Simpson

Heritage needs salvage

CorrespondentJanuary 12, 2012 

— A gale force northwester was singing overhead when I looked up to see Ruth knifing through the open waters of wind tossed Bogue Sound.

An old timer, Ruth's keel, laid in the tiny village of Atlantic about 82 years ago, has been a familiar sight throughout Carolina's waters. After half a century of fishing, her hull was abandoned in Pelletier Creek. John McCallum, Taylor Boat Works, salvaged her, rebuilding Ruth as his family cruiser for exploring the waters from Norfolk to Southport. John later sold her, and one night, under new ownership, its operator confused a barge's running lights as channel markers.

It was requested that the Taylor Boat Works crew again restore this example of Carolina's heritage, to again ply the nearby brine.

North Carolina has failed to fully acknowledge its rich Maritime history to the extent other states have. The moniker "Tar Heel State" wasn't derived from whisky stills or fast cars; the label came from the state's timber and fishing resources. Pitch, resin, shingles, barrel staves, timber, whale oil and a thriving menhaden industry, plus thousands of barrels of salt herring, dried mullet and seafood, find their way to the industrial markets of the nation.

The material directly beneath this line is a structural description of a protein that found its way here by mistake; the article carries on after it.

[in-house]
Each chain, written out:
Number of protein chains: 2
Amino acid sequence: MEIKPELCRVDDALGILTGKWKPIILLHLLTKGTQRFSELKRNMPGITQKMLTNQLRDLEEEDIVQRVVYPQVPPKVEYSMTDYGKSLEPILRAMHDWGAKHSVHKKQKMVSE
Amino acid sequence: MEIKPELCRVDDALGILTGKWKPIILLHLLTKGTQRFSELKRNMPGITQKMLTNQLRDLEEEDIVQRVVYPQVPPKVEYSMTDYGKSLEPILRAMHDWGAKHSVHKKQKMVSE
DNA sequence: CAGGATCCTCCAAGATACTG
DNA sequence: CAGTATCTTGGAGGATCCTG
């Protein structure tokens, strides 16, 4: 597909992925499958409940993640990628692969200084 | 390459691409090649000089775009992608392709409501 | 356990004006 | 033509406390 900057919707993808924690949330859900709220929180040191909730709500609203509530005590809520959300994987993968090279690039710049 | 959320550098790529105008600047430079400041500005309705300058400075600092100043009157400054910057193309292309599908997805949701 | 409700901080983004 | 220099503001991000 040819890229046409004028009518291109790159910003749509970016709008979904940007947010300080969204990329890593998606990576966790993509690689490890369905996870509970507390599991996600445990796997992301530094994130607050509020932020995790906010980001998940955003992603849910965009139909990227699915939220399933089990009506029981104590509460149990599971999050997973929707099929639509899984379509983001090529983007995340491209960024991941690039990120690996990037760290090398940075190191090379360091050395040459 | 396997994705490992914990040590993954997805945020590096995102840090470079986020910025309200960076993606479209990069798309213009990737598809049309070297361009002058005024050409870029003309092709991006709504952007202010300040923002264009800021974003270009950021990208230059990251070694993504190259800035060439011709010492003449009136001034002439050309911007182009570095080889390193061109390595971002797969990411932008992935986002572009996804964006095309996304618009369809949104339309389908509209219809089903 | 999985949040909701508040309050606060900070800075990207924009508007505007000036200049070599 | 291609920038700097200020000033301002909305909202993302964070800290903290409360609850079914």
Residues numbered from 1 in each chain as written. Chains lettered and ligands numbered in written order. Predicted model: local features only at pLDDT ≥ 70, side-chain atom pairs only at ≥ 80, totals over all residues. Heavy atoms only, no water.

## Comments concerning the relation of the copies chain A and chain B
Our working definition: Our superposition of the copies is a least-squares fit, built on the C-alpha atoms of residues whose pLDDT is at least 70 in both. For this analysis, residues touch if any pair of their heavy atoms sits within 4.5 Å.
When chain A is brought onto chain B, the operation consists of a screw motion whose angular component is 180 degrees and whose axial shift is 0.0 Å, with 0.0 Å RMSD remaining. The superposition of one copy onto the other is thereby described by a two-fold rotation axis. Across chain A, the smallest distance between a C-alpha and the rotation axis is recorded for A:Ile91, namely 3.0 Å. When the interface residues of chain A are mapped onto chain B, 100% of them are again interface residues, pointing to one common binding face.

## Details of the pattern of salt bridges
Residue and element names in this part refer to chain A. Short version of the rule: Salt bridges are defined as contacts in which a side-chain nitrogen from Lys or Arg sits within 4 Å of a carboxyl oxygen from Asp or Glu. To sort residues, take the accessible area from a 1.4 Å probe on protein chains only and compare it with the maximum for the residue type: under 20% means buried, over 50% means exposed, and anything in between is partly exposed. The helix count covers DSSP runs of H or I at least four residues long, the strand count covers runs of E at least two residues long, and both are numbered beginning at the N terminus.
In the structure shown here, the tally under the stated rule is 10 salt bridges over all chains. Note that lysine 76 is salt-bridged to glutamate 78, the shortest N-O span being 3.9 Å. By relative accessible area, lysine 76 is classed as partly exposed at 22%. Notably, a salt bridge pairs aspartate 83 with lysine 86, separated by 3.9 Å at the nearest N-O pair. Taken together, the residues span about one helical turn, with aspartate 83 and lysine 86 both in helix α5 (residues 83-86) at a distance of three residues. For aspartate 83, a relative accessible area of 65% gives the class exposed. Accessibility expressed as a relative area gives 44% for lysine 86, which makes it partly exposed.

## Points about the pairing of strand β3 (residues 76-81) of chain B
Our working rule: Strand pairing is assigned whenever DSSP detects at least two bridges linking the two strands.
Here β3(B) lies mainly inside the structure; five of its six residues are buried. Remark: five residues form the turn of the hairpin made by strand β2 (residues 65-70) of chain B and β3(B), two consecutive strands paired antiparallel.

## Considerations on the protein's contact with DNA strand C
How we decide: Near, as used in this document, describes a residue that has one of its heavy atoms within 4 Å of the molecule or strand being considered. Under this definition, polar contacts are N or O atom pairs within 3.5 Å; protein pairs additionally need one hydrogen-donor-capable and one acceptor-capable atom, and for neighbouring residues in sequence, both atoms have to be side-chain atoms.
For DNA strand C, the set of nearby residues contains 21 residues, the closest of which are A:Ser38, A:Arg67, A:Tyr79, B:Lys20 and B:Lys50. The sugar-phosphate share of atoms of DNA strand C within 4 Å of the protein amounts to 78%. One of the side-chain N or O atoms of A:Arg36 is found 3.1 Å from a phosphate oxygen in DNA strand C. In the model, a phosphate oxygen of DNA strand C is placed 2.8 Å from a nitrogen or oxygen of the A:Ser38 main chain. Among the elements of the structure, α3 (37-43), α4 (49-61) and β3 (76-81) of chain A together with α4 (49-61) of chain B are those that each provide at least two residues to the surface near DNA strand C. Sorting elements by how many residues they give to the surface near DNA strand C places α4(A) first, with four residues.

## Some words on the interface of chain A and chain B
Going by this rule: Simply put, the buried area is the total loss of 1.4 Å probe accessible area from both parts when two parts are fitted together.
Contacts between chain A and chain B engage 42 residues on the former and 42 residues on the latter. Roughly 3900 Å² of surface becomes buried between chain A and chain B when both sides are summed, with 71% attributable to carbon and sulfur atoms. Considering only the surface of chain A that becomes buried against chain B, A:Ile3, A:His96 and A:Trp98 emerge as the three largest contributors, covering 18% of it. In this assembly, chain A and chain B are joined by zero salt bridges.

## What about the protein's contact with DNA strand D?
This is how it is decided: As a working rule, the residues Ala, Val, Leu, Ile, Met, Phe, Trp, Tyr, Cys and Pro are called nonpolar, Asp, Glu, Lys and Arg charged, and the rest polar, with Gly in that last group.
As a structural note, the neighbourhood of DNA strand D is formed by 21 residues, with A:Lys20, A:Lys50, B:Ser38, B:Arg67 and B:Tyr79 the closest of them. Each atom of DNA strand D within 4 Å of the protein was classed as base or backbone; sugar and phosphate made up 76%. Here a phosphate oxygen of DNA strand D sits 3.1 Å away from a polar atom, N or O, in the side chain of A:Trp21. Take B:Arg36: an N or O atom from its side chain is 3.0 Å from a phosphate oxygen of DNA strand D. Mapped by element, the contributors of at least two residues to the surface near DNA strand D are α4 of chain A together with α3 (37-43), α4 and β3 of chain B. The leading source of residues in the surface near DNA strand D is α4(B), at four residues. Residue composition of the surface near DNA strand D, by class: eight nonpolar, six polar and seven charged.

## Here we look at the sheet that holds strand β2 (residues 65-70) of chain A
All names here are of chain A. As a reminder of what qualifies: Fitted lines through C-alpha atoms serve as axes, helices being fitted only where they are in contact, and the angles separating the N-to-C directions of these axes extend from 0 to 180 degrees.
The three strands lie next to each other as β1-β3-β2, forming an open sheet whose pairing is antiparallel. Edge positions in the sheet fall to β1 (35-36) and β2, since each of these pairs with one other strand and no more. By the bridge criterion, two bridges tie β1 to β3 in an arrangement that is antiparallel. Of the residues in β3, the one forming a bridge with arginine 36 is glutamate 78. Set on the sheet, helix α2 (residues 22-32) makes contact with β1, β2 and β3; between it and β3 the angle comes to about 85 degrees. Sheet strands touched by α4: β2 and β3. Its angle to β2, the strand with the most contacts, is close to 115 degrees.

Today's historians have a great fascination for the story of a shipwrecked pirate, but fail to acknowledge that Carolina's true coastal heritage is based on local watermen and their activities.

North Carolina DOT is asking for billions of dollars in funding over the next 10 years to upgrade the transportation system, including building, rebuilding or repairing over one 150 bridges. Consider also, that many of today's bridge designs hinder watercraft access. Is there any valid reason that, as bridges are upgraded they not be sufficiently elevated to allow for enhanced small boat traffic, and, why not, while the equipment is on site, install boat ramps using these publicly financed right of ways? Such improved access would enhance boat, tackle and fishing license sales, and maybe even encourage small boat manufacturing.

Why couldn't we set aside a percentage of the unclaimed highway fuel tax as consumed by boats to establish a grant program for the purpose of historic restoration of Carolina built boats that are over half a century old?

Gold plated yachts with uniformed crews race past my shoreline cottage almost daily in their eagerness to be first to line up at the docks of wintertime Florida and the Bahamas. Fancy pleasure boats splitting the water in sprays of white foam are commonplace, but the craft that catch my approving eye are the working tugboats nursing along a string of laden barges up or down the neighboring Inland Waterway. There is nothing more glamorous than the working boat, be it a commercial fishing boat, a ferry, tug or ocean going freighter. The cargo ships, decks heaped high with multi-colored shipping containers arrive in port, urged along the narrow channels by a couple of small but powerful tugs, a pilot boat guiding them on.

But it's the working fisherman, nets spread, who rolls and tosses in a white capped sea, surrounded by flights of eager sea-birds, that catches my eye. A profession that requires skill, hard labor, in a grand gamble to find if it's still possible for a waterman to make his mortgage payments.

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